After a bleak start to the year, the economy grew at a brisk annual rate of 4.2 percent in the April-June quarter, the government said Thursday, slightly faster than it first estimated.
The upward revision supported expectations that the second half of 2014 will prove far stronger than the first half.
The Commerce Department’s second estimate of growth for last quarter followed its initial estimate of 4 percent. The revision reflected stronger business investment than first thought.
The seasonally adjusted
4.2 percent annual growth rate for the gross domestic product — the nation’s total output of goods and services — came after the economy had shrunk at a 2.1 percent annual rate in the January-March quarter. That was the economy’s biggest drop since the depths of the Great Recession, and it reflected the effects of a harsh winter that kept people away from shopping malls and disrupted factory production.
Many economists say they expect growth of about 3 percent in the July-September quarter and for the rest of the year.
During a White House news conference Thursday, President Obama took note of the new estimate. “There are reasons to feel good about the direction we are headed,” he said.
The president said he would press Congress when it returns next week to take further actions to boost the economy.
— Associated Press
Federal Reserve Chair Janet L. Yellen’s assets rose in value by at least 8 percent during 2013, raising their total to between $5.3 million and $14.1 million, according to her latest financial disclosure, released Thursday.
Yellen’s biggest asset is a trust fund she set up in 1992 with her husband, George Akerlof, a Nobel Prize-winning economist. Its value is estimated at between
$1 million and $5 million.
Yellen’s assets likely have been driven up in value by a rebounding economy and rising stock market. In 2012, her disclosure form estimated her assets at between $4 million and $13 million. Some of Yellen’s listed assets belong to her alone; others are co-owned with Akerlof.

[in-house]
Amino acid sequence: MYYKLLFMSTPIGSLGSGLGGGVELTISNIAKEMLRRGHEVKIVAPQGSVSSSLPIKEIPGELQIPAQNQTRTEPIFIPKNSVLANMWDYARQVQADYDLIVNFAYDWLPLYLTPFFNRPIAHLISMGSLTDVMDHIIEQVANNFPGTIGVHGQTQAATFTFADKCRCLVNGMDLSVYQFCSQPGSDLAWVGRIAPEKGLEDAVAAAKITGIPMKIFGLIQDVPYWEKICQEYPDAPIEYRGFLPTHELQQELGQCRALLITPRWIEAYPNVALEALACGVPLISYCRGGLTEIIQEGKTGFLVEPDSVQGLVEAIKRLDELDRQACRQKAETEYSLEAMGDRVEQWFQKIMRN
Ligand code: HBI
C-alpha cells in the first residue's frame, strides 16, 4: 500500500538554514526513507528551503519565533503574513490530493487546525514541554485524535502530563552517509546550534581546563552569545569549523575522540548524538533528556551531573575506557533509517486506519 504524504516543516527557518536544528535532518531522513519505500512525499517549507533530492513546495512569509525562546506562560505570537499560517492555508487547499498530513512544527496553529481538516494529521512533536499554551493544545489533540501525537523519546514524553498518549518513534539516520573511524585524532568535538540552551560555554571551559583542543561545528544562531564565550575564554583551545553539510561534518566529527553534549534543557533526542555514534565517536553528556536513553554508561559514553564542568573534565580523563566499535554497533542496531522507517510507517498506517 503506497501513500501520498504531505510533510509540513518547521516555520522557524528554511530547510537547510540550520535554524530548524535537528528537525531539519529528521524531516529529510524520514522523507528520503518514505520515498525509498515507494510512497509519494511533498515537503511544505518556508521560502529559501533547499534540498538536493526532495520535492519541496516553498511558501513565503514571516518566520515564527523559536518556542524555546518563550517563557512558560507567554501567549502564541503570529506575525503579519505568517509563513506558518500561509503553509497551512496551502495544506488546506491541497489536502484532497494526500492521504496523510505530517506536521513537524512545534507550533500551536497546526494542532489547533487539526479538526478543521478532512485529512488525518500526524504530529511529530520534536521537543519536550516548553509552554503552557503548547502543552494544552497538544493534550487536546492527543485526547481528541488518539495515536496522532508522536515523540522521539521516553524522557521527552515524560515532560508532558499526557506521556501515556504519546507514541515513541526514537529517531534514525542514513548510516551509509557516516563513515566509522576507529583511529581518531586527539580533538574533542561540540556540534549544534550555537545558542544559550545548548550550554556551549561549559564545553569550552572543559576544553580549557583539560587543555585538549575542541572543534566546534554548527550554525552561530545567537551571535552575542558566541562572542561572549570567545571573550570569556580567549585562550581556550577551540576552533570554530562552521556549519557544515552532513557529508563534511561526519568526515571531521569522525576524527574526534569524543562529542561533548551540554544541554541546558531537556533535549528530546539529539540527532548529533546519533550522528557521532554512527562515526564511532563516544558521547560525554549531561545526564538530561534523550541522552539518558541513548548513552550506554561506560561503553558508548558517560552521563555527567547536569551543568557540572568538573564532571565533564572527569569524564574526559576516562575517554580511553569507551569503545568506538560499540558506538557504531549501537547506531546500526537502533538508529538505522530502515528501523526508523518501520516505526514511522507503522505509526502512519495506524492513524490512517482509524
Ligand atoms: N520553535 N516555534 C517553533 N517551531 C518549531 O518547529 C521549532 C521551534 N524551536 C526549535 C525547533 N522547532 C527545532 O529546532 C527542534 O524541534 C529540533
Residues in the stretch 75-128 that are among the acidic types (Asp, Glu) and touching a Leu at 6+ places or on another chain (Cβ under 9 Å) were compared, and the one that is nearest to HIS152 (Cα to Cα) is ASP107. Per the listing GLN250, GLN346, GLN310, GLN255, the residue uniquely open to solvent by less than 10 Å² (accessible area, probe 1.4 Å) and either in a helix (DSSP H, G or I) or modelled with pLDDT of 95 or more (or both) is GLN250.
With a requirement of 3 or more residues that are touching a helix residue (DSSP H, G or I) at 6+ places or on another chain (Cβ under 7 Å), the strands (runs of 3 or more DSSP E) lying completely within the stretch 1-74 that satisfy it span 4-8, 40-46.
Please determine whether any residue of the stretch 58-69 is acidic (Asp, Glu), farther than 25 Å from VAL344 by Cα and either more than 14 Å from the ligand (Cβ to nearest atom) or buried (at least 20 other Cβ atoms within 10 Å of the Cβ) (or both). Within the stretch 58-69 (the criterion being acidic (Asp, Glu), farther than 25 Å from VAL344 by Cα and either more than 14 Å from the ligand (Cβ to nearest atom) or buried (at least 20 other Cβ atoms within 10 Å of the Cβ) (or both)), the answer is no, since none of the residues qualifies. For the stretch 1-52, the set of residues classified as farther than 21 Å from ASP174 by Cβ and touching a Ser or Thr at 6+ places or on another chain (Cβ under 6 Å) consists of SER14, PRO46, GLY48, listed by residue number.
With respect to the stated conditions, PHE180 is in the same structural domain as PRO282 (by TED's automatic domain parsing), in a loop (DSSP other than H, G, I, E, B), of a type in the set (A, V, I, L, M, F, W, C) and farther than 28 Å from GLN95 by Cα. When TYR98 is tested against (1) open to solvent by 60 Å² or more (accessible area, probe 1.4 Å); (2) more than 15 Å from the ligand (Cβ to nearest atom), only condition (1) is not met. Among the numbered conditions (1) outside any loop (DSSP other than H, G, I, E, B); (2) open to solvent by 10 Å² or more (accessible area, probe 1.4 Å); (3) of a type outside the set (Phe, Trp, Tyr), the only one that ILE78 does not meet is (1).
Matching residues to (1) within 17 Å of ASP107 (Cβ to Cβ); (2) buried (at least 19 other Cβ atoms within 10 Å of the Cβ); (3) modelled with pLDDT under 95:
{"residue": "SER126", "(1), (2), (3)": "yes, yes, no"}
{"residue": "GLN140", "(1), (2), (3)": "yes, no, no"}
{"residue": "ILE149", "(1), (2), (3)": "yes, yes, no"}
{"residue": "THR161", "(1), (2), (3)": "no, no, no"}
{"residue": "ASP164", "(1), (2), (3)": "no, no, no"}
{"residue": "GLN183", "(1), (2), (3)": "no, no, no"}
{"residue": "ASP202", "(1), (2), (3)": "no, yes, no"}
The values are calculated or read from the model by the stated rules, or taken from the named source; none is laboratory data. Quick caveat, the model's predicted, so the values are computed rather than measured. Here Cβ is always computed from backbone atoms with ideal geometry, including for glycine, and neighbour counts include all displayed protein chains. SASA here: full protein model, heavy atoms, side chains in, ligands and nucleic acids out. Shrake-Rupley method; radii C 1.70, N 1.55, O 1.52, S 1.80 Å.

The disclosure documents provided only a broad range rather than a specific figure for total assets.
Yellen’s disclosure form covers calendar year 2013, when she served as the Fed’s vice chair before succeeding Ben Bernanke in February to become the first woman to head the central bank.
One of the assets Yellen listed was a stamp collection, valued at between $15,000 and $50,000, a value that did not increase from 2012. The stamp collection is jointly owned with Akerlof.
Yellen, 68, said she was receiving a pension from the University of California at Berkeley, where she and Akerlof were for many years.
— Associated Press
● An outburst over a reclined seat led an American Airlines flight to divert to Boston, at least the second such incident in the United States this week. Prosecutors said Paris resident Edmund Alexandre became upset after a woman reclined the seat in front of him on a Miami-to-Paris flight late Wednesday. He’s accused of grabbing the arm of a crewman who tried to calm him. A federal air marshal subdued Alexandre, who was arrested when the plane landed around 10 p.m. A United Airlines flight diverted to Chicago on Sunday after two passengers argued over reclining a seat.
● More Americans signed contracts to buy homes in July — a sign that buying has improved as mortgage rates have slipped, the number of listings has risen and the rate of price increases has slowed. The National Association of Realtors said its seasonally adjusted pending home sales index rose 3.3 percent to 105.9 last month. Still, the index remains 2.1 percent below its level a year ago.
● Robert Benmosche, who is stepping down this weekend after five years as American International Group’s chief executive, said he learned in May that he had nine months to a year to live. Benmosche, 70, told Bloomberg Television that he moved up his exit, which had been slated for early 2015. The CEO, who was diagnosed with cancer in 2010, said he wants to enjoy the time he has left after outliving earlier prognoses and repaying the insurer’s $182.3 billion U.S. bailout. “I said, ‘You know what, I’m not going to play the odds. So let’s accelerate my retirement,’ ” Benmosche said. And the board was happy to do that.”
● Dollar General said it still wants to buy rival Family Dollar. “We remain firmly committed to the acquisition,” Dollar General chief executive Rick Dreiling said in a statement. Last week, Family Dollar rejected Dollar General’s $8.95 billion offer in favor of a slightly smaller one from rival Dollar Tree for about $8.5 billion. Dollar General also said its second-quarter revenue rose 7.5 percent from a year ago to $4.72 billion, thanks to higher cigarette, food and candy sales at its stores.
● U.S. banks’ earnings rose 5.2 percent in the April-June quarter from a year earlier, the Federal Deposit Insurance Corp. reported. U.S. banks earned $40.2 billion in the second quarter of this year, up from $38.2 billion in the same period in 2013. The number of banks on the FDIC's problem list fell to 354 in the second quarter, the lowest number in more than five years and down from 411 in the January-March period.
— From news services
● 8:30 a.m.: Personal income and spending for July.